The University of Virginia is planning for the next 10 years of parking and transportation on Grounds and seeking input from the UVA community.
“We will be looking at developments in the area of transportation, and what that might mean for the future on Grounds,” said Julia Monteith, the senior land use planner in the Office of the Architect for the University. “What can happen with ride-sharing services like Uber, or with driverless vehicles, and how might that effect how we think about transit? Will it reduce the number of cars?
“The future of transportation is changing and we need to plan for those eventual changes.”
A 15-member steering committee is looking at these and other options, with various University constituencies represented, including students. As part of the University’s process, Monteith and Rebecca White, the director of UVA’s Department of Parking and Transportation, are coordinating opportunities for members of the University community to provide input.
“We are organizing the focus group and open house sessions around transportation modes, such as transit or bicycling, and around parking behaviors,” White said. “We want to know what strategies and elements could support various parking and transportation choices.
“In addition to the in-person meetings, we will have a web portal open that will allow people to give us their feedback and provide their best advice for us.”
Open comment sessions will be held on Sept. 6 and 7, starting with a lunch session at the Rotunda’s multi-purpose room in the southwest wing on Sept. 6 from 11:30 a.m. to 1 p.m.
Also on Sept. 6, Newcomb Hall room 481 will host a session on bicycling and walking from 2 to 3 p.m., followed by a transit focus group from 3:30 to 4:30 p.m.
In the Health System, a parking focus group meeting will take place at the Health System Education Resource Center Room A on Sept. 6 from 6:30 to 8 p.m.
On Sept. 7, Newcomb Hall room 481 will host a close-in parking focus group session from 8:30 to 9:30 a.m., followed by a focus group meeting from 9:30 to 10:30 a.m. on intercept parking(where commuters park in a distant lot and then take another mode of transportation to their eventual destinations), and a multi-modal and alternate transportation focus group meeting from 11 a.m. to noon.
The Health System will host an open house at the Health System Education Resource Center Room B on Sept. 7 from 11:30 a.m. to 12:30 p.m.
For people who cannot attend the sessions, a website will be open to collect comments between Aug. 22 and Sept. 14.
“We want to hear from the people who are looking at all the transportation options,” White said. “What are they looking for? What would make it attractive? What challenges are they facing in carpooling, using transit, or another intercept parking structure?”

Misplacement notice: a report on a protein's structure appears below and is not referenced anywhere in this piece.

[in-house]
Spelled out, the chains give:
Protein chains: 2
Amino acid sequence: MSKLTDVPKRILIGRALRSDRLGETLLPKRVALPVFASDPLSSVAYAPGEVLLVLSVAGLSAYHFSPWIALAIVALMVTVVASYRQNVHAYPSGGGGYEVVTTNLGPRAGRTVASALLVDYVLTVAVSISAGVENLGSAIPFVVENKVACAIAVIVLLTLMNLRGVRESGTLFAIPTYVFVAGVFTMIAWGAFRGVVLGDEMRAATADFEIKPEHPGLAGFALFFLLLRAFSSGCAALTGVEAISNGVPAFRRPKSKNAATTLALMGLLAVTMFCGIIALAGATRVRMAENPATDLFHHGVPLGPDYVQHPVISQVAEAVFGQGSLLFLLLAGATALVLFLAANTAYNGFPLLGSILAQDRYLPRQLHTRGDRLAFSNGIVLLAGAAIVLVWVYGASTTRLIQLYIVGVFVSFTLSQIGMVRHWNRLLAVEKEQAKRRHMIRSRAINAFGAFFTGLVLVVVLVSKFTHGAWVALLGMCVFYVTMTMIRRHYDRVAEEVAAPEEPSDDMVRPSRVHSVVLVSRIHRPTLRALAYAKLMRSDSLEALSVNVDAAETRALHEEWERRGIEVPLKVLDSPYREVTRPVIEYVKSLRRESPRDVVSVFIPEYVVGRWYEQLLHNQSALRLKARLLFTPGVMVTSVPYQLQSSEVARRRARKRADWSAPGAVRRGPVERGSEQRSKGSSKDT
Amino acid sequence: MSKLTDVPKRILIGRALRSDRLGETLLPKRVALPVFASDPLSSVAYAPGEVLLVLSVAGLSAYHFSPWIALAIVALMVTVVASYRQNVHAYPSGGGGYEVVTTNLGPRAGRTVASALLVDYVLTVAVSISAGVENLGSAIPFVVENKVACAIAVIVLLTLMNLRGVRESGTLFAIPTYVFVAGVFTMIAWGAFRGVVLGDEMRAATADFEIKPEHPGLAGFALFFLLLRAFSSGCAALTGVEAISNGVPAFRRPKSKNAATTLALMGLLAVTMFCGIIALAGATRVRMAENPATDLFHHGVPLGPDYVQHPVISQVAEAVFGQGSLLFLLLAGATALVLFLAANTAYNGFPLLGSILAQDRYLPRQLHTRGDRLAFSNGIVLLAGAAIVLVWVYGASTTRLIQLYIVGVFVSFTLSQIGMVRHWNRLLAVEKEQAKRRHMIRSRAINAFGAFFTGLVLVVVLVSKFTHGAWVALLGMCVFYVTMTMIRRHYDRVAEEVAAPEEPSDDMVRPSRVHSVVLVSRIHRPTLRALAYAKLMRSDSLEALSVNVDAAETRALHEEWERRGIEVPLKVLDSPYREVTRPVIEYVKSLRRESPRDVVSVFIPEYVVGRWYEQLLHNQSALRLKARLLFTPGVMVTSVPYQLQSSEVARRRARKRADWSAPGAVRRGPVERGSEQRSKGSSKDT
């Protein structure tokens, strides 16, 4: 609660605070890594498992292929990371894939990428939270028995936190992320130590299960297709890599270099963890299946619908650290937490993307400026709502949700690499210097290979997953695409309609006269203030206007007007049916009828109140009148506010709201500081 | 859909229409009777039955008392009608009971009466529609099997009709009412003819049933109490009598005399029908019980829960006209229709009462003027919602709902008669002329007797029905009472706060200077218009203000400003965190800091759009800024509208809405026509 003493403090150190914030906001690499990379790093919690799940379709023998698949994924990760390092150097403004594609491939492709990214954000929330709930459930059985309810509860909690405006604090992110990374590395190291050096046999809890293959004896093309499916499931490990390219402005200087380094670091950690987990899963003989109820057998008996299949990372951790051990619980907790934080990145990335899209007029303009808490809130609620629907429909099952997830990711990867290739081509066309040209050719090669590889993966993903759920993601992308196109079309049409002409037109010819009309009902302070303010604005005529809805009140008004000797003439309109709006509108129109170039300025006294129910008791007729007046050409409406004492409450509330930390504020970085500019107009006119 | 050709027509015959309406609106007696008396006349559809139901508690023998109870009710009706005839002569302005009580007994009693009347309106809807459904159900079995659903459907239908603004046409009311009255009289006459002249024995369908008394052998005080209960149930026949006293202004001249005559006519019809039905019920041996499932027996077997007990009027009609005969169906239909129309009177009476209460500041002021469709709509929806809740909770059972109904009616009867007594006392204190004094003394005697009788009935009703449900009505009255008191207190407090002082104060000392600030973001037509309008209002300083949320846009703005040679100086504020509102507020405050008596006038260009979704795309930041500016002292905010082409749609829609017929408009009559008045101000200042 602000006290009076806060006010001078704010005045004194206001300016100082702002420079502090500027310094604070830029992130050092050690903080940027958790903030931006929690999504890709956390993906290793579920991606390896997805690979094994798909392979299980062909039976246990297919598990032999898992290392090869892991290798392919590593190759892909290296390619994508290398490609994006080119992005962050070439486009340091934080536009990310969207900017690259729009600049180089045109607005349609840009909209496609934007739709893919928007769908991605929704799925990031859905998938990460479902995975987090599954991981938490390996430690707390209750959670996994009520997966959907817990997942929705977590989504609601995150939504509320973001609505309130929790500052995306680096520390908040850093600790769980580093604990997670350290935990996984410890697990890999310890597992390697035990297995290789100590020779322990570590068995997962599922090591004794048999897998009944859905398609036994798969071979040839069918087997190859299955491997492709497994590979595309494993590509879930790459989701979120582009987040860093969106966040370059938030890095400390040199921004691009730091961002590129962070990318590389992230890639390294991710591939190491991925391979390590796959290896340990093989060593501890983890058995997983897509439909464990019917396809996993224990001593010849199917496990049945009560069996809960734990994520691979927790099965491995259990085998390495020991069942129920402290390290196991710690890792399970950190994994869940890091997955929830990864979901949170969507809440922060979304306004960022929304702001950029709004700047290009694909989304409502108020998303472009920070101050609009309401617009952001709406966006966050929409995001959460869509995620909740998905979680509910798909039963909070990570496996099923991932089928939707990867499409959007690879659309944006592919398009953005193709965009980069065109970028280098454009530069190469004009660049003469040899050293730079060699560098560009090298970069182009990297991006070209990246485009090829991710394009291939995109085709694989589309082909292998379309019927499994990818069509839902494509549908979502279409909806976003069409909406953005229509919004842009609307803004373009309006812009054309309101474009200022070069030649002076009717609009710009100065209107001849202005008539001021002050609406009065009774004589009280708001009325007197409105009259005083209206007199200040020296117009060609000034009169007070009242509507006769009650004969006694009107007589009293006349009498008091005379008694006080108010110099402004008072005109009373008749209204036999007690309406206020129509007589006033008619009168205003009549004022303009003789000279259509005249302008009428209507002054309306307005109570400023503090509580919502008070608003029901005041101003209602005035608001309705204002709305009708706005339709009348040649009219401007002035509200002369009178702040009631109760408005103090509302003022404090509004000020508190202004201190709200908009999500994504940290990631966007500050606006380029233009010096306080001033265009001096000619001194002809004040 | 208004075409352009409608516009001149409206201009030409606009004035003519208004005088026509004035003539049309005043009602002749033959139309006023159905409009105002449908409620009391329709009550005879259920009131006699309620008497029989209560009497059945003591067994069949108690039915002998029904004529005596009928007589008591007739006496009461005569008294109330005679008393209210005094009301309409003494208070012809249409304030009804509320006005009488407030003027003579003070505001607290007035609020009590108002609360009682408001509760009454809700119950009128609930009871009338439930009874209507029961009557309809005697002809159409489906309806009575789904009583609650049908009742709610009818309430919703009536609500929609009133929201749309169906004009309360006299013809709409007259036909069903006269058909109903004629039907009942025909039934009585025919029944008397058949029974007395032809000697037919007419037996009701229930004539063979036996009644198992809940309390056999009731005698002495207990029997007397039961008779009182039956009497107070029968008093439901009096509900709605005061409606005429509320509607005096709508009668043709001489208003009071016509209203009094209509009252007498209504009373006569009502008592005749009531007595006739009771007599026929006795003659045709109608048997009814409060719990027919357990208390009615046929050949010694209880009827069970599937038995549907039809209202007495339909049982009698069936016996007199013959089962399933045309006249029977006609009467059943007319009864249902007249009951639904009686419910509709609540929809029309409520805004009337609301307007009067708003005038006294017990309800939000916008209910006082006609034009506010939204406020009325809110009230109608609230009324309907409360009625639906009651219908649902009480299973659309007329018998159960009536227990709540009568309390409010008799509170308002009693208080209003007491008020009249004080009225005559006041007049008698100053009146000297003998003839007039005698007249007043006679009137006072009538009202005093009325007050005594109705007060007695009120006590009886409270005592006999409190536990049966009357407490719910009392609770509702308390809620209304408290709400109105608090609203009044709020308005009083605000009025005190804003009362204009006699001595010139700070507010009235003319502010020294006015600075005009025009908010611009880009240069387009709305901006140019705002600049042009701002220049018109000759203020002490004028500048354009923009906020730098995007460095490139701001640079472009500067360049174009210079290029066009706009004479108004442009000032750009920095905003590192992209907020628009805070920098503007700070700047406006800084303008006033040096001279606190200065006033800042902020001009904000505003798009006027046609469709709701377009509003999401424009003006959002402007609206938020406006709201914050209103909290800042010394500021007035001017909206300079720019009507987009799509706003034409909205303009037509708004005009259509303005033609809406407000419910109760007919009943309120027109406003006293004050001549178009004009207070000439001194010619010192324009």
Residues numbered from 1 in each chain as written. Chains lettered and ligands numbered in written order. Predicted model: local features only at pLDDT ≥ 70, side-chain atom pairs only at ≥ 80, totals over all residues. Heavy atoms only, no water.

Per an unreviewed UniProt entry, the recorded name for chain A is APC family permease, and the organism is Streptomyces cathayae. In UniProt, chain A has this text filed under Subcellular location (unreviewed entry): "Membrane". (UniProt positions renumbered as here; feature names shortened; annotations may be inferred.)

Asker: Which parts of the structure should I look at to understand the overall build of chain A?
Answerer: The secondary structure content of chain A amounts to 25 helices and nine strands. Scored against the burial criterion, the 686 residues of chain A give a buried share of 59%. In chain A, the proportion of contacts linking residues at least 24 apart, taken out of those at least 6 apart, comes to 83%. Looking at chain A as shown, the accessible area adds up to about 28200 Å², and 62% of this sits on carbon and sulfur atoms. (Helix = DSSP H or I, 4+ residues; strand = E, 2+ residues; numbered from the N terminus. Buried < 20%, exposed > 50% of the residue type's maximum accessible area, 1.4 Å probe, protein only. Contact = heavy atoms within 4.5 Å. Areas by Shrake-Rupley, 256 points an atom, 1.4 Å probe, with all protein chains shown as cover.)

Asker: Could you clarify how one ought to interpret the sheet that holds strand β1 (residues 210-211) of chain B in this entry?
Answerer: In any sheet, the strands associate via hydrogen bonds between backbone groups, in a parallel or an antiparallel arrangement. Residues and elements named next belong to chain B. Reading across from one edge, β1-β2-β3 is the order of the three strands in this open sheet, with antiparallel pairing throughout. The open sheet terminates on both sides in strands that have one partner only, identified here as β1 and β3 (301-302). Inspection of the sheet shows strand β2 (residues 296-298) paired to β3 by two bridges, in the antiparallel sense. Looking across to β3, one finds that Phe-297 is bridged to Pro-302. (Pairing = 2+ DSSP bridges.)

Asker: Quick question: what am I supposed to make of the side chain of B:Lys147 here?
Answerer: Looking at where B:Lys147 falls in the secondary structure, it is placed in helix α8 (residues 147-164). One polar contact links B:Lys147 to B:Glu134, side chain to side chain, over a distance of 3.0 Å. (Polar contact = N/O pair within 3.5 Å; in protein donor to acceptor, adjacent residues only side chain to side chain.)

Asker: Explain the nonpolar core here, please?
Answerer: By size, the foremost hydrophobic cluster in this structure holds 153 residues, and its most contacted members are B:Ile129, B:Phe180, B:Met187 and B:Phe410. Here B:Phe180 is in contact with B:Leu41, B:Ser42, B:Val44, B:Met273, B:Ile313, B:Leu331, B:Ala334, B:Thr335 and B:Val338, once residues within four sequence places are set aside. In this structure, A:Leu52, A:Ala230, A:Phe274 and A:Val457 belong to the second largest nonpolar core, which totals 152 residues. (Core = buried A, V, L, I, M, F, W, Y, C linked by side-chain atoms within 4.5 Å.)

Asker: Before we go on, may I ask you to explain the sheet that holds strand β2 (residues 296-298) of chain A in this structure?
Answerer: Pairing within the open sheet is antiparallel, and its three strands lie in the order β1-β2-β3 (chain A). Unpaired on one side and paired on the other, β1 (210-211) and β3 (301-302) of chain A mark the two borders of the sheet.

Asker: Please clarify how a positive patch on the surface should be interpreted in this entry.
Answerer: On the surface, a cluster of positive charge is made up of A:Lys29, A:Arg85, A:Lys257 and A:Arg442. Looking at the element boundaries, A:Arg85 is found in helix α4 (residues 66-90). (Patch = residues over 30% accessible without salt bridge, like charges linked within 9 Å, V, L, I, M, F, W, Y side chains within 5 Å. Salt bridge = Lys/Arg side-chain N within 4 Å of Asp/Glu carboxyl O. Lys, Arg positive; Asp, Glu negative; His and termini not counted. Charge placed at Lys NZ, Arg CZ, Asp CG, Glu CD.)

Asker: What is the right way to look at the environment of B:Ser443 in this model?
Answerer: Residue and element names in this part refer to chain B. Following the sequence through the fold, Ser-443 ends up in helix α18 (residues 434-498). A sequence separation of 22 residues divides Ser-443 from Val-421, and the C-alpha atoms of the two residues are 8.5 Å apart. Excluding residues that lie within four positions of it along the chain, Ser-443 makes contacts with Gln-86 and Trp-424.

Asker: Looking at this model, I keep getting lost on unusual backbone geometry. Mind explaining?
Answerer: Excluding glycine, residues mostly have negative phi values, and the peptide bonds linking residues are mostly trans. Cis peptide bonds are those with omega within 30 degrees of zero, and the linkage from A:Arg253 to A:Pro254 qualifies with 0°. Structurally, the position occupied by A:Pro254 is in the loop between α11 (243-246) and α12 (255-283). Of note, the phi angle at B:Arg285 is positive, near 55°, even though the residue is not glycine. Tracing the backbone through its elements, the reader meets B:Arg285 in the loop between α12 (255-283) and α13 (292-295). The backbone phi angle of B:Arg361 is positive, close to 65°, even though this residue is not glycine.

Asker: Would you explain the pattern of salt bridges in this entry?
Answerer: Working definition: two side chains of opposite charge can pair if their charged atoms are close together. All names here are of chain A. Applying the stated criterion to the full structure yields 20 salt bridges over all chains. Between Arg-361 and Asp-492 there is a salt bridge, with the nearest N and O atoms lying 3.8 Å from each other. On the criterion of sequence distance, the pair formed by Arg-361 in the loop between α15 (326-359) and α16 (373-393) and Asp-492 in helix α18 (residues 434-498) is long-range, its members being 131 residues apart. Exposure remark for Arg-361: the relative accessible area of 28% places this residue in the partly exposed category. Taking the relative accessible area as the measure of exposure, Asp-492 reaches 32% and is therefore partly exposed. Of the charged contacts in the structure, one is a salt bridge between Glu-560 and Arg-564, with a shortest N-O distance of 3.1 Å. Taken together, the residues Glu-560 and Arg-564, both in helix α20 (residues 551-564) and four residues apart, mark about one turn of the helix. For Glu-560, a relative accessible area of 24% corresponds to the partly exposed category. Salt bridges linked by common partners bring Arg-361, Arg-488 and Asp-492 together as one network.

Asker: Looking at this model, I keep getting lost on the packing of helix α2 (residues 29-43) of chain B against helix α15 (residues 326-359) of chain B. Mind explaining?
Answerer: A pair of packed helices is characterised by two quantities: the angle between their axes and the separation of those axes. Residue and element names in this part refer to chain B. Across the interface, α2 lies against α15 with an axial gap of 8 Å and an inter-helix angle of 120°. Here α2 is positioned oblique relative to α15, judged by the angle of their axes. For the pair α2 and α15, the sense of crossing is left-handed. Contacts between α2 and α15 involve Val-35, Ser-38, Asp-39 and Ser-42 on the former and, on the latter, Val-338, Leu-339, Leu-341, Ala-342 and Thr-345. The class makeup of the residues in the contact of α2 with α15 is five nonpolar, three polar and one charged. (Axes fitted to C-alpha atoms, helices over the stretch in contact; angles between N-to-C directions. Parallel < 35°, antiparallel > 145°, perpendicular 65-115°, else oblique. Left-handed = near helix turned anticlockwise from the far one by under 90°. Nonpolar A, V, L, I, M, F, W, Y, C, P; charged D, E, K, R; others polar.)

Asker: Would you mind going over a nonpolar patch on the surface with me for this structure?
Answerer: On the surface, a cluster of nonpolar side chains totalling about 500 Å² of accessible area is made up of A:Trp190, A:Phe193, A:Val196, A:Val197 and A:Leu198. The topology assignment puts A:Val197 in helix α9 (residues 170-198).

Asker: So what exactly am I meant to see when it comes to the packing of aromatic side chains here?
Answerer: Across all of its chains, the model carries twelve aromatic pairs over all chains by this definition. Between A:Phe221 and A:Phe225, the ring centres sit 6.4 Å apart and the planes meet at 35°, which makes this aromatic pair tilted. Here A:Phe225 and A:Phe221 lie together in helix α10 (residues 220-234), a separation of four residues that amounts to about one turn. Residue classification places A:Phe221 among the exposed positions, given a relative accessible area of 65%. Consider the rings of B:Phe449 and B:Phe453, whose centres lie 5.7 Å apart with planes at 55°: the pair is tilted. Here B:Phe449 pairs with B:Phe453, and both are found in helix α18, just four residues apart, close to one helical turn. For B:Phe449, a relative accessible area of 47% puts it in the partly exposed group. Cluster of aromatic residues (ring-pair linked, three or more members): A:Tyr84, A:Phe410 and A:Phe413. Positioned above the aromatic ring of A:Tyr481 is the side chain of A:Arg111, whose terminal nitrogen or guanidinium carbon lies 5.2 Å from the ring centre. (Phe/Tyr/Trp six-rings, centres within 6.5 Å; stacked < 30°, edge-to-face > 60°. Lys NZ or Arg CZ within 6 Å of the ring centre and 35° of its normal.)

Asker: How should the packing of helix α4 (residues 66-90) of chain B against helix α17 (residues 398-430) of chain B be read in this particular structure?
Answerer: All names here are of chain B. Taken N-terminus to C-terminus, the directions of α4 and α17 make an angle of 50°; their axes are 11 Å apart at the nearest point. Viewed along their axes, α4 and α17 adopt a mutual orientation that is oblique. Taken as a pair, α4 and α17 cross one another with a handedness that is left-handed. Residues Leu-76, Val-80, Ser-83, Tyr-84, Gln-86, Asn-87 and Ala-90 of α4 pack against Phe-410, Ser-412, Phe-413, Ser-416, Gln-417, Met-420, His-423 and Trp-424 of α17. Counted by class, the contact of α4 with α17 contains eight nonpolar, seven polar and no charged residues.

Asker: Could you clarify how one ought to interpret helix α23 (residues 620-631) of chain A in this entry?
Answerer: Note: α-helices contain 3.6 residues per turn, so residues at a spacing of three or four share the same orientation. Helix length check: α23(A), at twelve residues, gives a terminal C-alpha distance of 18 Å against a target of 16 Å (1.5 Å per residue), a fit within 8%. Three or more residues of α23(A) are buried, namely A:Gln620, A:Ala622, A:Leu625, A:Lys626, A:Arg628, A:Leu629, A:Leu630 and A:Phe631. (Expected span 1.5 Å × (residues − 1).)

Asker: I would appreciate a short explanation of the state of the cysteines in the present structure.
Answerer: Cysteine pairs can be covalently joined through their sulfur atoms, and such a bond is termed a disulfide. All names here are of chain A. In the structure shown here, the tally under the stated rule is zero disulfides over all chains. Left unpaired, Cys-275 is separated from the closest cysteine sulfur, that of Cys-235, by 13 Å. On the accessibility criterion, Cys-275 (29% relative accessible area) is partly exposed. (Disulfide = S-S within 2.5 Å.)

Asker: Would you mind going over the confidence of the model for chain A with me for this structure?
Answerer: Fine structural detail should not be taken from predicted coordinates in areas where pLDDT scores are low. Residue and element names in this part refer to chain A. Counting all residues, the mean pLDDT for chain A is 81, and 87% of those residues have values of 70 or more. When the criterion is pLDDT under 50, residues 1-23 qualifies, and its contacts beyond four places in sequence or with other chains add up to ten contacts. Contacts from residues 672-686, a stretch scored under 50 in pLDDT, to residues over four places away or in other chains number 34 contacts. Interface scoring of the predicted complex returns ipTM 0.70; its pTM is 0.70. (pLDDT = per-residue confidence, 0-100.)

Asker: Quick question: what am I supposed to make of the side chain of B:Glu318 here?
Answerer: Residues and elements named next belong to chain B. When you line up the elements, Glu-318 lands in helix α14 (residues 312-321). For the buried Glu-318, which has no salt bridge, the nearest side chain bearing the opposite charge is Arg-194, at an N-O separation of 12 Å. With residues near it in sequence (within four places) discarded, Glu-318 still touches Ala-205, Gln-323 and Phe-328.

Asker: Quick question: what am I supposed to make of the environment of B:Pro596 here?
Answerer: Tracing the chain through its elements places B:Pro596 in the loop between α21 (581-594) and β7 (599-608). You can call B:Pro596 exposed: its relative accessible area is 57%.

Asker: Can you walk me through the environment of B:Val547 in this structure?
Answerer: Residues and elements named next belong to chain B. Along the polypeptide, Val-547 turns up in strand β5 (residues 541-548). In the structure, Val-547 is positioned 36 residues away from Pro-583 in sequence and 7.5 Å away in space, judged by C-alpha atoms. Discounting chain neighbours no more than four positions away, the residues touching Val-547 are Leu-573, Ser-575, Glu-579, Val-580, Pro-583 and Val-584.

The committee will consider the impact on existing parking from projects such as the Brandon Avenue redevelopment, the demolition of University Hall and the redevelopment of the Ivy Road Corridor. In addition to parking, the plan will address various modes of transportation, including transit, bicycles, ridesharing and autonomous vehicles and how these will affect parking and various traffic routes to and around Grounds.
The University continues to work closely with Albemarle County and the City of Charlottesville, as many transportation issues overlap these boundaries. The city has secured a $12.1 million grant to study the streetscape development on Emmet Street and another to improve the streetscape along Fontaine Avenue.
“We consider our Grounds to be part of a larger network,” Monteith said. “It’s comparable to how we think about dealing with stormwater; stormwater doesn’t stop just because it comes onto UVA Grounds. We need to think of this road network as one entity and be thinking about how we can be working together as partners to help solve some of the issues we see in our community.”
The Grounds transportation plan was updated in 2007 and 2011, updates that resulted in a reciprocal riding agreement with the City of Charlottesville’s Charlottesville Area Transit bus system, inviting Zipcar on to Grounds and creating the bikeshare program, which allows program members to use strategically sited bicycles on Grounds, as well as encouraging carpooling.
“We have been very successful on moving the needle on what we call mid-day mobility,” Monteith said. “That means that once people get to Grounds, they leave their car somewhere, either at an intercept parking facility or a more regular parking facility, and then they will move around Grounds by these other means. They will take the bus or they will use bikeshare, walk, take a Zipcar or ride with a colleague.”
With all the work on transportation planning, one objective that has been elusive has been reducing the number of single-occupancy commuter cars coming to the University every day.
“We have not been as successful with the commuters because there is only a certain percentage of people who live within access to transit, or could walk or ride their bikes,” Monteith said. “There are not a lot of alternatives for commuting other than vanpooling or carpooling. We’ve put incentives in place for carpooling, but apparently they are not quite good enough yet.”
Those incentives include reduced parking fees, to the point where a four-person carpool parks for free, and 20 one-day parking passes are supplied to carpool members in case they need to drive by themselves some days.
“About 30 percent of our faculty and staff live within a half-mile of a Charlottesville Area Transit or a University Transit bus stop, so there is potential for employees to use transit if we can understand their needs,” White said.
In preparing the study, the University is working with Vanesse Hangen Brustlin Inc., a transportation consulting firm with offices throughout the East Coast.